Thriving not surviving

Find a host of flowers in the sunshine and bloggers exploring their freedom by clicking the image

My day job is supporting families who are fire fighting all the time due to their circumstances. I do this because for a long time it is where we were. Functioning, but not thriving. It feels good to be able support families through difficult times, knowing we have come through them by luck, privilege and a lot of Duct tape.

Part of our survival was about carving out space for myself and the lovely Mr Hunt as individuals and a couple as well as working parents and carers. There was tons of advice and training, most of which felt hugely trite at the time, but contained tiny fragments of useable information that helped.

We needed to identify our sunshine, find our freedom and land on a few flowers.

My sunshine is being able to trust.

I have PDA, pathological demand avoidance, which is a type of autism that I have to manage constantly or I will cease to purposefully function. Any demand, however nicely or gently phrased, or a passive demand from washing up beside the sink waiting to be washed- or a blog deadline just sitting there- creates anxiety which has to be managed and rationalised. People with PDA are perceived as control freaks because to control the demands means to control everything, to plan for and manage several versions of every aspect of every action every day. This is exhausting.

Conversely, the relaxation coming from complete trust and complete submission to the lovely Mr Hunt is amazing. I can let go of all the strings I so frantically grasp at through the day. There is only one instruction, to follow, and I have chosen to do that.

By building moments of trust into every day, I can have precious moments of rest.

My freedom is to read.

Opening a book and joining someone else’s world is an amazing escape. I can be male or female or neither. Any sexual orientation. Any age in any age. Good books give me experience of feelings I have never felt myself, or the vocabulary to explain something I knew but couldn’t say. Less well written books give me the chance to question and shape how I would have felt or reacted as a certain character. To put ideas into practice.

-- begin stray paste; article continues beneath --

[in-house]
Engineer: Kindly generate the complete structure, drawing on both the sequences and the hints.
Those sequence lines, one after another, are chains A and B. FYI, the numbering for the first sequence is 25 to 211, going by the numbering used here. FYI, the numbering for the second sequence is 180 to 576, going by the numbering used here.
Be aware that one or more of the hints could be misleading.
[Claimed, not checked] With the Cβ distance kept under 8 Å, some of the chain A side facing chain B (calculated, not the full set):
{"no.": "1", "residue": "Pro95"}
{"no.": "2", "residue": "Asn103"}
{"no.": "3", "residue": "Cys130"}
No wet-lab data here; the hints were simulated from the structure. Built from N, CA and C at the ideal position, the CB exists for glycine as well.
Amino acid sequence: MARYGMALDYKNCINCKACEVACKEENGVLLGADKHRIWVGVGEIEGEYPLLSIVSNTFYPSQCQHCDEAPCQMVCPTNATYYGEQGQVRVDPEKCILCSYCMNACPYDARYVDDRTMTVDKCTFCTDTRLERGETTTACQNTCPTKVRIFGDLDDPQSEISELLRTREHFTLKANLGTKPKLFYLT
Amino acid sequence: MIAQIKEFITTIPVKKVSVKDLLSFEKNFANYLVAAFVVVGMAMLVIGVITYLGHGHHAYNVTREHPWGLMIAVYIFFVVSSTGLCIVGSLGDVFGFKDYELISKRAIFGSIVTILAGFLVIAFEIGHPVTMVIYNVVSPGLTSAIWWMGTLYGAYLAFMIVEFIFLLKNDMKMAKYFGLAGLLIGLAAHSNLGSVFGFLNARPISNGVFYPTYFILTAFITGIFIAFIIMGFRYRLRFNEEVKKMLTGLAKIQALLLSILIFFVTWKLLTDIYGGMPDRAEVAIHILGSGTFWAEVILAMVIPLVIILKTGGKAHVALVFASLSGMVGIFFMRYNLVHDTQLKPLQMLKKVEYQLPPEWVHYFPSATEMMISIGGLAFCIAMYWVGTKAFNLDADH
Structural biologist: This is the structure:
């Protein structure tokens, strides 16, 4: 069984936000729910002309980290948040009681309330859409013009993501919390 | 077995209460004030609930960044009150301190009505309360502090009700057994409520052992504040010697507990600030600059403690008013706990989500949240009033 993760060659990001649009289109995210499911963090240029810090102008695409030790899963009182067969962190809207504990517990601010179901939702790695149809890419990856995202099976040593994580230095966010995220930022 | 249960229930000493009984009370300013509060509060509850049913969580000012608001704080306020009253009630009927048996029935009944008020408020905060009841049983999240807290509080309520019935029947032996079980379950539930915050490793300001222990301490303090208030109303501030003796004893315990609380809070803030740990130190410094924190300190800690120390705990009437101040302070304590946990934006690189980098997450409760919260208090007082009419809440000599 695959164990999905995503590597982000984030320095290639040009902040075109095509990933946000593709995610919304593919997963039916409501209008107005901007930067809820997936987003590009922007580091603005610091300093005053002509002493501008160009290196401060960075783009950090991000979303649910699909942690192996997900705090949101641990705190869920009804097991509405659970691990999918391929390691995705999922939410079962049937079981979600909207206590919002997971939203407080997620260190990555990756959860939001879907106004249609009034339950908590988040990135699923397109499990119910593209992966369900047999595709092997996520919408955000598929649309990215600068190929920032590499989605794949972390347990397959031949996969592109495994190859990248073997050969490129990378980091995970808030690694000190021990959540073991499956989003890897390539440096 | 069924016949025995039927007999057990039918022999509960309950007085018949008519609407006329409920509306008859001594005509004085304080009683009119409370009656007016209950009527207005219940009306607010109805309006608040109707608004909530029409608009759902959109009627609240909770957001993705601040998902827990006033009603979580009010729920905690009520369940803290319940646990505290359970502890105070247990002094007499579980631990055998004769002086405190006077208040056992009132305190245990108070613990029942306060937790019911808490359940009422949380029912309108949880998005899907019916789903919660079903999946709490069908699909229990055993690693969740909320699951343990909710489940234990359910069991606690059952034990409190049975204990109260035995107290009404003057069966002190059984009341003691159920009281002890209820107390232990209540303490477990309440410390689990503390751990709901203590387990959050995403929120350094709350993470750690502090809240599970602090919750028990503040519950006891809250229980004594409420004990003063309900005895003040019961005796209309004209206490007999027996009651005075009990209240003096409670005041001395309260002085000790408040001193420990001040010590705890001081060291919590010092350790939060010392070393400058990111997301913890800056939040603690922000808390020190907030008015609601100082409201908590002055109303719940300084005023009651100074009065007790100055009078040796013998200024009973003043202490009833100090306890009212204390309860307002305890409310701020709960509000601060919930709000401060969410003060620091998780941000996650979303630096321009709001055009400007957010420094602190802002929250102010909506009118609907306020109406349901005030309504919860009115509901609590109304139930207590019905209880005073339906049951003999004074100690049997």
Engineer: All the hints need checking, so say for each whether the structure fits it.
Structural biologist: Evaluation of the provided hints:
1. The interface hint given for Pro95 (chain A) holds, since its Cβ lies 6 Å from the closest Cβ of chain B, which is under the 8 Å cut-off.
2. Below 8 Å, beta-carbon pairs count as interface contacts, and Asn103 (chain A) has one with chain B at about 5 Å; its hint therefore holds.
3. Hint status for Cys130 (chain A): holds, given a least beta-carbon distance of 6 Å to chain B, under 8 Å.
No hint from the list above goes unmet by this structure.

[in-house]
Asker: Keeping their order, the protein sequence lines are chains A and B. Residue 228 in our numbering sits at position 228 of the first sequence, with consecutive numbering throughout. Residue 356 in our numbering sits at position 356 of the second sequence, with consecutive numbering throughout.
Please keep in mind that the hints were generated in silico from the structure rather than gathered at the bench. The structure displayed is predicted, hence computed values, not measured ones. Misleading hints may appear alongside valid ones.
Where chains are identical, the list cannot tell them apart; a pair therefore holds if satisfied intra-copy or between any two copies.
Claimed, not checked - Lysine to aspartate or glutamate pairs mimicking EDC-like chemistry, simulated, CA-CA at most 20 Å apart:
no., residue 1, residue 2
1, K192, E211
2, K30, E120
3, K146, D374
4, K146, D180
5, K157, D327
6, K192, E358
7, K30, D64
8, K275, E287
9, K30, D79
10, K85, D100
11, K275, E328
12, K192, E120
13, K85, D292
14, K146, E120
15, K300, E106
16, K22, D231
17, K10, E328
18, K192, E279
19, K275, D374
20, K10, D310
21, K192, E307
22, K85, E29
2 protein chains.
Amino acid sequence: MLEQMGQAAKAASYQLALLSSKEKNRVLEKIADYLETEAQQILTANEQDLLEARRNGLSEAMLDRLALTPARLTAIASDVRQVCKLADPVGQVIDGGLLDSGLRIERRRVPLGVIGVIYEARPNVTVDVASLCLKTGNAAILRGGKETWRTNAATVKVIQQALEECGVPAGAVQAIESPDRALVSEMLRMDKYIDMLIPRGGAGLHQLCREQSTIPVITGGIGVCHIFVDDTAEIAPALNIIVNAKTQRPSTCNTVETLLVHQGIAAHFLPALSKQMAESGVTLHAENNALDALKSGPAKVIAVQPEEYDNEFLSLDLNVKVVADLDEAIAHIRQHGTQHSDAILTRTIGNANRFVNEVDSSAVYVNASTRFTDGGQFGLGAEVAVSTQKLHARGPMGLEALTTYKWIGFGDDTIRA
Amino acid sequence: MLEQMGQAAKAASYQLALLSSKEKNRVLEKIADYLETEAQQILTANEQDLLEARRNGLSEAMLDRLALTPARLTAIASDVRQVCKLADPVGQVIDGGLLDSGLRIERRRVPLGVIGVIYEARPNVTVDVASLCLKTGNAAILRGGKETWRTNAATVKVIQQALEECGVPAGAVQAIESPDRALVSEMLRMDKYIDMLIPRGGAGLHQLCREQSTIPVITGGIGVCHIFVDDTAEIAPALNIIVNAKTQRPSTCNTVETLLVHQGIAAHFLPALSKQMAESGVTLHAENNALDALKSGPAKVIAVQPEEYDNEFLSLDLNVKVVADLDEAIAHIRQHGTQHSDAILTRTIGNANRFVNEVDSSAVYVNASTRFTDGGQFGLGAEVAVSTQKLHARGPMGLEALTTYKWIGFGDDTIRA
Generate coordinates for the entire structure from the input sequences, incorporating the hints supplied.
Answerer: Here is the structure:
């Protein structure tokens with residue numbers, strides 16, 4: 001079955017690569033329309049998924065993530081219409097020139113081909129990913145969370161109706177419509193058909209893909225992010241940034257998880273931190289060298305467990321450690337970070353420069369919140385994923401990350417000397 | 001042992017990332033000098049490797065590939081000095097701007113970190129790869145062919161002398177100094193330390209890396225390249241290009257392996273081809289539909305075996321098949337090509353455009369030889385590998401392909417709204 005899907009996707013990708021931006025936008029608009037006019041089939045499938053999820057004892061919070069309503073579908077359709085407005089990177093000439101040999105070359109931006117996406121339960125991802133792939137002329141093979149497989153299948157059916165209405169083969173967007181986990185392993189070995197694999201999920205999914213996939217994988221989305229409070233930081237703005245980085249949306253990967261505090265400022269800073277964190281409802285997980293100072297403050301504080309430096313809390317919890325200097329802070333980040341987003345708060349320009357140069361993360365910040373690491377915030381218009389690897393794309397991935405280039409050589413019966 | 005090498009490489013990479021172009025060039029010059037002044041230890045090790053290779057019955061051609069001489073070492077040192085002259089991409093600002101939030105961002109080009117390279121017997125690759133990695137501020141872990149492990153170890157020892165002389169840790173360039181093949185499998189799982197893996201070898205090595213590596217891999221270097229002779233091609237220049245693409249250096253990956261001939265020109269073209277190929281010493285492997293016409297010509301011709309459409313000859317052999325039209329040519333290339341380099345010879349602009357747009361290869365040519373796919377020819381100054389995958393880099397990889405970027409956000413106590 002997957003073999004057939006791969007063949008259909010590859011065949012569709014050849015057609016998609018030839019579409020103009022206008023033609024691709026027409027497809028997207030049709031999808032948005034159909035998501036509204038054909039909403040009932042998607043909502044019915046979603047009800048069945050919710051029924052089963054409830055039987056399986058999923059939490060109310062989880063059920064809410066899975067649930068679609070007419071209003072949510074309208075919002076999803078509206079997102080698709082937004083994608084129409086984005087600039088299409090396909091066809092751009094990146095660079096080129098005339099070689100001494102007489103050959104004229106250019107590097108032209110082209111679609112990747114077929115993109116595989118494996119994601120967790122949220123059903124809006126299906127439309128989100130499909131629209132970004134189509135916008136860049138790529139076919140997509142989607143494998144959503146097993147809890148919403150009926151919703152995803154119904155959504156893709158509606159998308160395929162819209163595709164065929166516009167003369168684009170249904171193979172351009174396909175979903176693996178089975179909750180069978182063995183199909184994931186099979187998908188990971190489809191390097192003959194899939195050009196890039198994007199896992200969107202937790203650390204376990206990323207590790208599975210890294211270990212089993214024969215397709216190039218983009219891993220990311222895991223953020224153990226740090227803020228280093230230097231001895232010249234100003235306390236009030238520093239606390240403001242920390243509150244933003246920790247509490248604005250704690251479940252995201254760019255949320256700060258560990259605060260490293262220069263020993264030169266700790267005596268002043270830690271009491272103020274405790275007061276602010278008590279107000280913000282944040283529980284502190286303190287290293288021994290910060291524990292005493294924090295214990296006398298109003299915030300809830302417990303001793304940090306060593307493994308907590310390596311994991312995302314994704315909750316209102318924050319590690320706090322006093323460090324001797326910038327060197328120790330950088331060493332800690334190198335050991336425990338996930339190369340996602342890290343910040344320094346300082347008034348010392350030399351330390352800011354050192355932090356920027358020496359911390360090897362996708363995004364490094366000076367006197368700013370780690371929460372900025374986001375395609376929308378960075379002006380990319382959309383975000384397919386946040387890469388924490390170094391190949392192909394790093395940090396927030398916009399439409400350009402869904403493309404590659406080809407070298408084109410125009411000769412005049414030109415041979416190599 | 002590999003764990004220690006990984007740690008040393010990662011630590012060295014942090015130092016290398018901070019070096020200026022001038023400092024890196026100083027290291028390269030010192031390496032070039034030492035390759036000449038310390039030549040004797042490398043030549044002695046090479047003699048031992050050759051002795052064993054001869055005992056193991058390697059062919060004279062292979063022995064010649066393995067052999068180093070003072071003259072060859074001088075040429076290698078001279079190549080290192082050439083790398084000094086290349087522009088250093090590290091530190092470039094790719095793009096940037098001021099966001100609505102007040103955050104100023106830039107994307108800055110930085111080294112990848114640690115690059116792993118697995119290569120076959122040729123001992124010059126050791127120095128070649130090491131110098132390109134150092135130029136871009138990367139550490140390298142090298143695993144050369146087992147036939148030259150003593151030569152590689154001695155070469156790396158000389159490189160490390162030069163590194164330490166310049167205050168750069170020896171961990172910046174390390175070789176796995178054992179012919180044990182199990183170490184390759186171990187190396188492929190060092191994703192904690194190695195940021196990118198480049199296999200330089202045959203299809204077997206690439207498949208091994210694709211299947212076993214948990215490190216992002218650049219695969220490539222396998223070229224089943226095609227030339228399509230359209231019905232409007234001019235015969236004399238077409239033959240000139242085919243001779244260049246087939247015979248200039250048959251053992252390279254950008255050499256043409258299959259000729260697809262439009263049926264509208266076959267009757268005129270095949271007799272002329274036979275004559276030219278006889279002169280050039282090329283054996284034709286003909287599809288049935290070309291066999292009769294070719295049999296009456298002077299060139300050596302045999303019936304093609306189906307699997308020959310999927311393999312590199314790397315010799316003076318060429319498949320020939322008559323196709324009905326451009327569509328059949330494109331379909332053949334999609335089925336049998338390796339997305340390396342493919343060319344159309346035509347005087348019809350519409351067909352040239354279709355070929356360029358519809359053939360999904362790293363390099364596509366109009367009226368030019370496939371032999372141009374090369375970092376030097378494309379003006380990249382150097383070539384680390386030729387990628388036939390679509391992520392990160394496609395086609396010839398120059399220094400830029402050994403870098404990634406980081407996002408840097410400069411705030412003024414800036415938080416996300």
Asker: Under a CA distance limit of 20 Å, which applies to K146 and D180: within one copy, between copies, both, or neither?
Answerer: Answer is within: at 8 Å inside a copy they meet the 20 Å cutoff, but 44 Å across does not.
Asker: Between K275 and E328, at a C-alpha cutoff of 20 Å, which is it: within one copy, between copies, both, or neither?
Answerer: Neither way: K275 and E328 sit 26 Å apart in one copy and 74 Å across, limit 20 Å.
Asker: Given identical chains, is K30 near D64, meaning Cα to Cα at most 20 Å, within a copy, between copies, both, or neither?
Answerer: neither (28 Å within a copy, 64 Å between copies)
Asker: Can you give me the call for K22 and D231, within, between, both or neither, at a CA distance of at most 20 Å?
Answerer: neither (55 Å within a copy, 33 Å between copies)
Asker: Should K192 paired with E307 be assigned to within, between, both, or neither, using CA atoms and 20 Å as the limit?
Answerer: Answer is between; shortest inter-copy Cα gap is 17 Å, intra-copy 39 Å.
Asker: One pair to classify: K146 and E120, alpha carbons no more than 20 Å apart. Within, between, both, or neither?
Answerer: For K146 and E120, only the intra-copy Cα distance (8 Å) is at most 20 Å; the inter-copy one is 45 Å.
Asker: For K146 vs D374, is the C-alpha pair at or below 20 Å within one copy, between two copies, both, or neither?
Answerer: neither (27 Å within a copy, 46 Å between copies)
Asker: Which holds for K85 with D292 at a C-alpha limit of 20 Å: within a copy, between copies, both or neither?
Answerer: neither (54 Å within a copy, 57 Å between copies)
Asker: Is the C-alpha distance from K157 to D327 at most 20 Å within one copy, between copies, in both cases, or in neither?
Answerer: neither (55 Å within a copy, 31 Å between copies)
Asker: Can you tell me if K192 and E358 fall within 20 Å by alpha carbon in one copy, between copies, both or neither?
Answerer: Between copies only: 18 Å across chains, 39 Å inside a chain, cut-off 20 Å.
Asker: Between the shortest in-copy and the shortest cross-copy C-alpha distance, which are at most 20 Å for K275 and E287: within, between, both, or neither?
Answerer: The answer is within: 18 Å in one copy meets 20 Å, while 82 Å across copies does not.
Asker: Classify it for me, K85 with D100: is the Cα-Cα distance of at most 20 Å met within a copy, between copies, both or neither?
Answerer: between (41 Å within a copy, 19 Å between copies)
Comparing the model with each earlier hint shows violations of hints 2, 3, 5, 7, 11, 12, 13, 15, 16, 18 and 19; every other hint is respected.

I probably read for two to three hours a day. I read rather than watching television or movies because I find it far more immersive. I clock through everything from classics and translations of myths and legends to speedy romances which I like to think of as the soap operas of the book world. I do read biographies and histories and studies, but fiction is my freedom.

My flowers are specific favourite practices that centre me and bring me calm. I don’t land on my flowers everyday, or even every week because we both have to be in tune and have time, but that makes them more precious.

I think it’s probably six weeks since I last had a quiet moment in rope. A couple of weeks since we set up to take some photos. 10 days since we set up a specific scene.

But we will make time.

My flowers regenerate me. Empty out residual stress. Add highlights to the picture of my life.

We went years when the children were little and struggling without ever having flowers in our life and the layers and layers of stress caused by the lack of sunshine and flowers in our life took their toll.

I am very lucky that none of these things are reliant on being able to go out and mix with others beyond my household. I remember the pits of despair I felt when I was alone and had no appropriate coping mechanisms. Like many people with PDA, I turned to very inappropriate forms of release including self harm, both deliberate and neglectful. I cannot imagine what it would be like to be trapped in that situation this year.

When I work with families, I will remember this quote. When you are barely surviving, making time for flowers, sunshine and freedom seem so completely trivial and distant to your experience that it can make you feel angry when people try to steer you to search for your time and space, but in the end they are vital to your wellbeing, and a parent’s wellbeing is vital to supporting and developing as a thriving family.

One Reply to “Thriving not surviving”

  1. Everything changes. That which seemed important goes to, no not to the second, to two hundred and twenty-second plan. And the main things are becoming things that previously could not be noticed, then that seemed self-evident. That is life.

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